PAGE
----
Psycho-Social Issues for Women with Endometriosis
(I wrote this 25 yrs ago, still way too true today)
By Nancy Petersen, RN
Director, St. Charles Endometriosis Treatment Program
In the early 1920’s Sampson and others told us that women with endometriosis were infertile and that the primary pain symptom was dysmenorrhea. It was further asserted that the most frequently involved areas were the ovaries, and that the lesions were black, and/or brown. The original concepts further told us that pregnancy, menopause, or surgical castration would affect a cure. On these basic concepts all modern therapies have been based, including drug therapies suppressing ovarian function
What is happening to women across the North American continent and around the world, is that large numbers who fail to fit the original paradigm of endometriosis are undergoing psychological dismissal. This dismissal is very damaging in that they become isolated from their families, partners and the health care system. This dismissal is reported by Kate Weinstein in her book, Living with Endometriosis, to be as high as 75 %. My tracking of patients experiences at that time, matched Kate Weinstein’s data exactly. Yet literally all of our patients at that time, had biopsy proven disease despite multiple treatment failures. Sadly this continues today.
Since medical therapy does not eradicate the disease, and since laser vaporization and electrocautery have been shown to be ineffective as well, most patients with endometriosis are at risk for ineffective therapy. Patients came to Bend from around the world when multiple attempts at treatment had resulted in failure. Their stories illustrate that their dismissal is real, and can come from female as well as from male physicians.
They report being referred for counseling, psychiatric care, blatantly called neurotic, or just being ignored since they have not responded to treatment. As those around them begin to see the dichotomy between what the health care provider believes and what the patient is experiencing, considerable confusion develops.
Too often there is abandonment of the patient by her crucial support system and she grows more and more isolated. The degree of isolation and frustration is proportioned to the degree of treatment received. It could be seen that if a woman does not get the treatment she requires then she feels isolated and frustrated. BUT the more treatment a woman receives the more she begins to realize that this disease is not going to get better so this could deepen the sense of frustration and isolation as the family/support system backs away.. (catch 22)………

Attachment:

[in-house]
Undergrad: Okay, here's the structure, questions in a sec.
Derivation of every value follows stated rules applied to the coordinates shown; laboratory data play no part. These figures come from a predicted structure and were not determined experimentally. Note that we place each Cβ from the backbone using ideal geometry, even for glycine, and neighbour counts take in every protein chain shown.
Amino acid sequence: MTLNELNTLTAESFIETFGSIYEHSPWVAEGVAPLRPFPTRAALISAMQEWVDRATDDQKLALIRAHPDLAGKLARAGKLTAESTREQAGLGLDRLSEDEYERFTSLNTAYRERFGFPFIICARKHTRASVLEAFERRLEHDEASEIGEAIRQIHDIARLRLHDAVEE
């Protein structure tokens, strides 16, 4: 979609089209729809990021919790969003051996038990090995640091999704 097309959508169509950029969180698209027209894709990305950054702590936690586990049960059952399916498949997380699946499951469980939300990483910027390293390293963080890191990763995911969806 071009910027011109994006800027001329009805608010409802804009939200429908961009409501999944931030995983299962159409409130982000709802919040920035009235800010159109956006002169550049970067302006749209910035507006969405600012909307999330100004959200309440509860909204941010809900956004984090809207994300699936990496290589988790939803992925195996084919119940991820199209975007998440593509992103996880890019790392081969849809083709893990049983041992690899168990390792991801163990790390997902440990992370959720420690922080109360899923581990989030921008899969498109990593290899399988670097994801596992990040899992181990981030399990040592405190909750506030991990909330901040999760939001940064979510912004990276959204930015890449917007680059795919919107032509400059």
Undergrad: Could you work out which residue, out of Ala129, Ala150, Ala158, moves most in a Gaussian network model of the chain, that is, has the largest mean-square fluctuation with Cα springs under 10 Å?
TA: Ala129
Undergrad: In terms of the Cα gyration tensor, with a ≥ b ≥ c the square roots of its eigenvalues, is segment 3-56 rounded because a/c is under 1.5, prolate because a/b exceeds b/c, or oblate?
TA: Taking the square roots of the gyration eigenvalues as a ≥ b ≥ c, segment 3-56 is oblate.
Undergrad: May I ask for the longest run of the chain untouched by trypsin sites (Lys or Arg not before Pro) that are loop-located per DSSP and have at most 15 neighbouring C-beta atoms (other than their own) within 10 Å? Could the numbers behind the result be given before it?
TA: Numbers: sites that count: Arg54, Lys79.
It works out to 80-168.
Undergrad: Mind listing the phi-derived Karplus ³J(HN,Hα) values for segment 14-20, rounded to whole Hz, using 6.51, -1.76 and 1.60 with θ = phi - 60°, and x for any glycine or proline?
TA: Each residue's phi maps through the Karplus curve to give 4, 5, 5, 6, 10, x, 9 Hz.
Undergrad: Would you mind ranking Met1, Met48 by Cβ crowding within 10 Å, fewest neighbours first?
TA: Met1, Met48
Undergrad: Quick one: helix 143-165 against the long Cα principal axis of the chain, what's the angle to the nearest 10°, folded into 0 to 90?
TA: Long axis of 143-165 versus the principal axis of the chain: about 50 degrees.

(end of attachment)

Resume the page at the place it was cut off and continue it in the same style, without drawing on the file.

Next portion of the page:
The impact on their relationships and the quality of their lives may lack appreciation in the healthcare arena. In the presence of pelvic endometriosis, these women often exhibit abdominal bloating, abdominal pain, pale skin, faintness, restlessness, and sometimes low grade fevers. These symptoms in other patients would garner healthy respect by most physicians. In women with endometriosis, doctors are somehow able to excuse the presence of such symptoms and their denial grows more profound once the woman has been castrated for treatment. (Because there is no answer given by the doctor as to why a woman still has endo after having a total hysterectomy – after all, she was advised that the hysterectomy would get rid of it; and a doctor is unlikely to own up and say he was wrong)
If 175 million men world wide, suffered unbearable pain during sex, bowel movements, and exercise, and were offered feminizing hormones, pregnancy or surgical castration as treatment, our attitudes would be quite different.
Women with endometriosis struggle with life altering pain, less than supportive attitudes by far too many healthcare providers, try to maintain relationships, family and careers, and they deserve our support and respect.
Until there is widespread agreement on the nature of this disease, the best outcome based therapies, and more follow up studies to support all that we do for women with endometriosis, the least we can do is to have compassion for their pain, offer relief from it, or refer the patient to someone who can care for her whether it be surgical excision, pelvic physical therapy, or pain management.